CAMPBELL: Yes. The world was obviously watching this verdict and folks here in the community obviously glued to their televisions yesterday waiting for that verdict to be read. After that happened right behind me at this courthouse, it erupted in a celebration. There were hundreds of people that descended on this location, again, celebrating, in their view, what they believe was a sense of some type of justice that was handed down with this verdict of three guilty counts.

Now, of course, the community continues to wait to see what will happen to those other three officers. We know that Derek Chauvin, the senior officer, awaits his sentencing, but the other three who are charged with aiding and abetting him on that day here last night, their trials set to begin in August. And, again, this community will continue to wait for that verdict as well, whether those other three officers will be held accountable for the death of George Floyd. Ana?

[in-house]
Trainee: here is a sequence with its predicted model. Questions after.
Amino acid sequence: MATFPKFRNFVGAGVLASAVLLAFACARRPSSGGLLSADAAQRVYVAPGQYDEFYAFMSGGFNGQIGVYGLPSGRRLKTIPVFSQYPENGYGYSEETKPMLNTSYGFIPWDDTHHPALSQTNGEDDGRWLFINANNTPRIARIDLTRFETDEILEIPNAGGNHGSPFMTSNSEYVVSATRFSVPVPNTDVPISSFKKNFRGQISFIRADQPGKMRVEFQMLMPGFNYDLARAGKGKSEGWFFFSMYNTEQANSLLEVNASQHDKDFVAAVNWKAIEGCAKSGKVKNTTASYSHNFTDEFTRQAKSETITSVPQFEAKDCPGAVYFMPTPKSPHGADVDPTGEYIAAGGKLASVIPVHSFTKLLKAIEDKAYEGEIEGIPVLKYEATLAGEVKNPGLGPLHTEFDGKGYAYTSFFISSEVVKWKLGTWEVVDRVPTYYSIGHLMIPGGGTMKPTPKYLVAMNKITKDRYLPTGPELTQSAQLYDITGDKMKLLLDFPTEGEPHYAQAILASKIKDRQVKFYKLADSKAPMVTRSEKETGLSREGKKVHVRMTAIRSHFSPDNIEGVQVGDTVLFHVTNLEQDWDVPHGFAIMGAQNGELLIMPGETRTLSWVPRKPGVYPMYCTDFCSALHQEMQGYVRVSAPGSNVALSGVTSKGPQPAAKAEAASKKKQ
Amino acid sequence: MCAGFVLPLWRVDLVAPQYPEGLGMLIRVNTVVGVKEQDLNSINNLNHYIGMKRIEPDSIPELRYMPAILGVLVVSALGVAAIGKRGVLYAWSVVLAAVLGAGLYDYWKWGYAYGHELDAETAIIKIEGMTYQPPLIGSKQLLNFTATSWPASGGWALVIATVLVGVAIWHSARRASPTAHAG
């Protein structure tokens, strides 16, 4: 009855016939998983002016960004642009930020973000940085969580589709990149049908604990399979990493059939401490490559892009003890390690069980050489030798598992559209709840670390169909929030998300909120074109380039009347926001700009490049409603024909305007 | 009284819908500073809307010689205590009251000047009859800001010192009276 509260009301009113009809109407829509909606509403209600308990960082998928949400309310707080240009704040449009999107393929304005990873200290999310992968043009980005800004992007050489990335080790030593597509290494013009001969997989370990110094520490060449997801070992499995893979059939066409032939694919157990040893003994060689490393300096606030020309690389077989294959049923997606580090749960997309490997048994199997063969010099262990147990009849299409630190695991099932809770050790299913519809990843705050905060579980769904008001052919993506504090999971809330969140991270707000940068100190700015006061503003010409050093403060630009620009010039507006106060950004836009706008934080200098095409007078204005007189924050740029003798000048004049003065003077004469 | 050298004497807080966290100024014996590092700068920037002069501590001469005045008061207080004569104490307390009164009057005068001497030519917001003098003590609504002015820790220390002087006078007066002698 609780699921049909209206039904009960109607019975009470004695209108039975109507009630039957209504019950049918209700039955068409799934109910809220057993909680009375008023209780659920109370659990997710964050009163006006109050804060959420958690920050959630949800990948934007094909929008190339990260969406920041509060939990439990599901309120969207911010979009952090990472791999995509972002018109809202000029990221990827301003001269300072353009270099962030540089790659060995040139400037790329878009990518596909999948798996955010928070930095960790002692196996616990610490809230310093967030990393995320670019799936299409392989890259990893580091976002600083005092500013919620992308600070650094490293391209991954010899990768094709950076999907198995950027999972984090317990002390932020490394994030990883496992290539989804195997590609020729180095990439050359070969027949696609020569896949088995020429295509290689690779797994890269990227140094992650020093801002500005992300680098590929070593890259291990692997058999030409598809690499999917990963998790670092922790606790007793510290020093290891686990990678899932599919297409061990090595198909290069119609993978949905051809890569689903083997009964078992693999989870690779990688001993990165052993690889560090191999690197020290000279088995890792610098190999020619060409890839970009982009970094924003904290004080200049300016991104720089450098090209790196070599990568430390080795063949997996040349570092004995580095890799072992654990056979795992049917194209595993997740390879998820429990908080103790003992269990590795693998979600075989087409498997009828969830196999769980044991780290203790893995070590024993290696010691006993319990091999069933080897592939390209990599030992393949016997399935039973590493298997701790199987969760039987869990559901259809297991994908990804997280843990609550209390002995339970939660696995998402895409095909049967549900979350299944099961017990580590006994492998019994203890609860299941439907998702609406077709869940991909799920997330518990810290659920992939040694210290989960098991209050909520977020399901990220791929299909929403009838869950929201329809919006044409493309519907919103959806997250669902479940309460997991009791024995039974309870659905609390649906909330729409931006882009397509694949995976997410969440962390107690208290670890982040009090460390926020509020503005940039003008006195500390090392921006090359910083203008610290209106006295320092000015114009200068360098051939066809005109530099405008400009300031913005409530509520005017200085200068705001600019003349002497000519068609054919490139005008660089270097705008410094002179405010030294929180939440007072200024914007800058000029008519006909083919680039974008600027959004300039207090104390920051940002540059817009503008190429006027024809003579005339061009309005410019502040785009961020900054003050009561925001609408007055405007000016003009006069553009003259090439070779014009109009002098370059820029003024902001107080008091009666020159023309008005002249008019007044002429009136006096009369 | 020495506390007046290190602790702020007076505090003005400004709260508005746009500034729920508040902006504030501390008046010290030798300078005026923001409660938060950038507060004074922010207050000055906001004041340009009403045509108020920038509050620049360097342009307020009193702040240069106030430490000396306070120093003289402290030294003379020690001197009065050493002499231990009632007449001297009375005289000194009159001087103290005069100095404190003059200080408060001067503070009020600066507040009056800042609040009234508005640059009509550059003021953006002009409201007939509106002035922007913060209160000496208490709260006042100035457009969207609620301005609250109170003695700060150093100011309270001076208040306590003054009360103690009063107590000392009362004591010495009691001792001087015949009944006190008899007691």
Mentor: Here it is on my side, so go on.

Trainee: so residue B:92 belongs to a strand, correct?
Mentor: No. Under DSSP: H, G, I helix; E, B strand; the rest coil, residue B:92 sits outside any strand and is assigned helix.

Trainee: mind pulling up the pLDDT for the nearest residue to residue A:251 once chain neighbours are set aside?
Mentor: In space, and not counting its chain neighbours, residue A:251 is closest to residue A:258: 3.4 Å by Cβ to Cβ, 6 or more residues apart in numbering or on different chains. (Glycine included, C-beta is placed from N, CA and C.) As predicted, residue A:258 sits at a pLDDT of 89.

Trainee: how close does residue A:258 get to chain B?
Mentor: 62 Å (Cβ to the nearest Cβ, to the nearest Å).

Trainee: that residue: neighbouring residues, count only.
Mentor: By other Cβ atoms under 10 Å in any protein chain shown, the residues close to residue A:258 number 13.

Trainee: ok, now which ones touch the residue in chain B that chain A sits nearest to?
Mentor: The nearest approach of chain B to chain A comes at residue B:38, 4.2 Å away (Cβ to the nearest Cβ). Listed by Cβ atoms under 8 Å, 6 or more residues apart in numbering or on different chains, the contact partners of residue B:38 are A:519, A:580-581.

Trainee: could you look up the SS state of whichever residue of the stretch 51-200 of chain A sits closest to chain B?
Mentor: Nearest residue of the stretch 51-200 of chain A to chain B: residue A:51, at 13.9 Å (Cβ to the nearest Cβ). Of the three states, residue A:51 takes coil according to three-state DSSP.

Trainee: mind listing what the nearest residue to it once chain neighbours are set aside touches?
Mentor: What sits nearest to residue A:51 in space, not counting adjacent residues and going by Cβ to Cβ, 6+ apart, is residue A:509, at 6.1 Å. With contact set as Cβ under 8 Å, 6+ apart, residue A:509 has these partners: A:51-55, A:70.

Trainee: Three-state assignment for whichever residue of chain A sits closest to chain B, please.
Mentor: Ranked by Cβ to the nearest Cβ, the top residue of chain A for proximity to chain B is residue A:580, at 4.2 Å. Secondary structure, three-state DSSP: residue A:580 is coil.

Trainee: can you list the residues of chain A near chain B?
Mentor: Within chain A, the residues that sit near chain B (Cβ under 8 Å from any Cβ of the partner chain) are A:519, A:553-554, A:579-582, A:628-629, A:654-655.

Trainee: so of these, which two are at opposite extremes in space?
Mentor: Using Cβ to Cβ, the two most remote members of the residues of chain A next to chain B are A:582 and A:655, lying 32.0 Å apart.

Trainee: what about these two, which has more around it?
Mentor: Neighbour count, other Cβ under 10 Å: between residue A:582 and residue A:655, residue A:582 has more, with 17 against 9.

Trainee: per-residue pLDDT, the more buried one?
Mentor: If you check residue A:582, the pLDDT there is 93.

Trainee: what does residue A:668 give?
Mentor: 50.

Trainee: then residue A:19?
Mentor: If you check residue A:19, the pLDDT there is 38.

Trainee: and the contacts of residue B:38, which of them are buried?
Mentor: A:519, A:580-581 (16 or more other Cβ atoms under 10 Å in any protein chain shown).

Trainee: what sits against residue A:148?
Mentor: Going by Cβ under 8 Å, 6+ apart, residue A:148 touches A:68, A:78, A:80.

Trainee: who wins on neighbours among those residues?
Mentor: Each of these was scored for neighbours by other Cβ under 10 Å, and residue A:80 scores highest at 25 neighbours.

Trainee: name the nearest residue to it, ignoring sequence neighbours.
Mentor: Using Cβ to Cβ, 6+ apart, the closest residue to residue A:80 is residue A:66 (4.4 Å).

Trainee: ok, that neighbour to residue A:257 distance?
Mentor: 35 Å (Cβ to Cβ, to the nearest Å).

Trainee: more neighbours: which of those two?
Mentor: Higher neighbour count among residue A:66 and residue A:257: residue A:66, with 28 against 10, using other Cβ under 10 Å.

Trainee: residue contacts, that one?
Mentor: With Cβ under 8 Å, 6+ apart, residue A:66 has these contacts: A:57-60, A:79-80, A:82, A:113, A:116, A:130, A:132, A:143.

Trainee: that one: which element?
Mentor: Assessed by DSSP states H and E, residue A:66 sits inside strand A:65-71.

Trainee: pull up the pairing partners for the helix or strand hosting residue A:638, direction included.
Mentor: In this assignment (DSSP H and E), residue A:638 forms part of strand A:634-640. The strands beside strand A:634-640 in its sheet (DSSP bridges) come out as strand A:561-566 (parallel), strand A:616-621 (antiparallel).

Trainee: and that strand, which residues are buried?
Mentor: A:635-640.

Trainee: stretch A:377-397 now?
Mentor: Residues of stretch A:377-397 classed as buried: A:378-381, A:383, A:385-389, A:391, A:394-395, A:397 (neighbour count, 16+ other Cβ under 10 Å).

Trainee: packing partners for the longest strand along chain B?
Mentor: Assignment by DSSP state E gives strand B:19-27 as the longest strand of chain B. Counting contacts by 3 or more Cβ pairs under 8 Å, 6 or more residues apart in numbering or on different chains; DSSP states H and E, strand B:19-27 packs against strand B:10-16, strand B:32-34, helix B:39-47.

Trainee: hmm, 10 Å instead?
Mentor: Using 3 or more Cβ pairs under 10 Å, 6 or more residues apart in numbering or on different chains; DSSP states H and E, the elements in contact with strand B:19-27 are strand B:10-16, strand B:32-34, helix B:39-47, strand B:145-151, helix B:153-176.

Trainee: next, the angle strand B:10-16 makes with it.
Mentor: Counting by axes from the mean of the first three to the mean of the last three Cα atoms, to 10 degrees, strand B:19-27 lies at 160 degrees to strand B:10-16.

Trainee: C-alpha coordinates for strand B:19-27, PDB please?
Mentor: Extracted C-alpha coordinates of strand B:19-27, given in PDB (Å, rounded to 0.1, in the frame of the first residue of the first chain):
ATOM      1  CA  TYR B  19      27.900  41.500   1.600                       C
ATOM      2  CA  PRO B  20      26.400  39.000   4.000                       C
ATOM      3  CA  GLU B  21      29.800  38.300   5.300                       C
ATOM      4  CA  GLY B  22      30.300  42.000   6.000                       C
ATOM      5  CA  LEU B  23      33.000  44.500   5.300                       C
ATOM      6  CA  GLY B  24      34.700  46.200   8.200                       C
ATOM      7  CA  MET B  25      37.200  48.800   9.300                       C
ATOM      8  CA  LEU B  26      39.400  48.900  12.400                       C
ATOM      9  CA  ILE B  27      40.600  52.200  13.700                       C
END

CABRERA: Josh Campbell in Minneapolis for us, thank you for your ongoing hard work there.

Let's bring in CNN Legal Analyst, former federal and state prosecutor Elie Honig.


Elie, let's talk about sentencing first. There's a range, right? What is the maximum prison time Chauvin could get and what will go into the final decision by the judge?

ELIE HONIG, CNN LEGAL ANALYST: Yes, Ana. So, the maximum prison sentence for Chauvin here is 40 years. However, Minnesota uses a sentencing guideline system that gives judges recommended sentences. And here, the guidelines recommended sentence is only 12.5 years. That's a really unusual situation to have a 27.5-year spread there.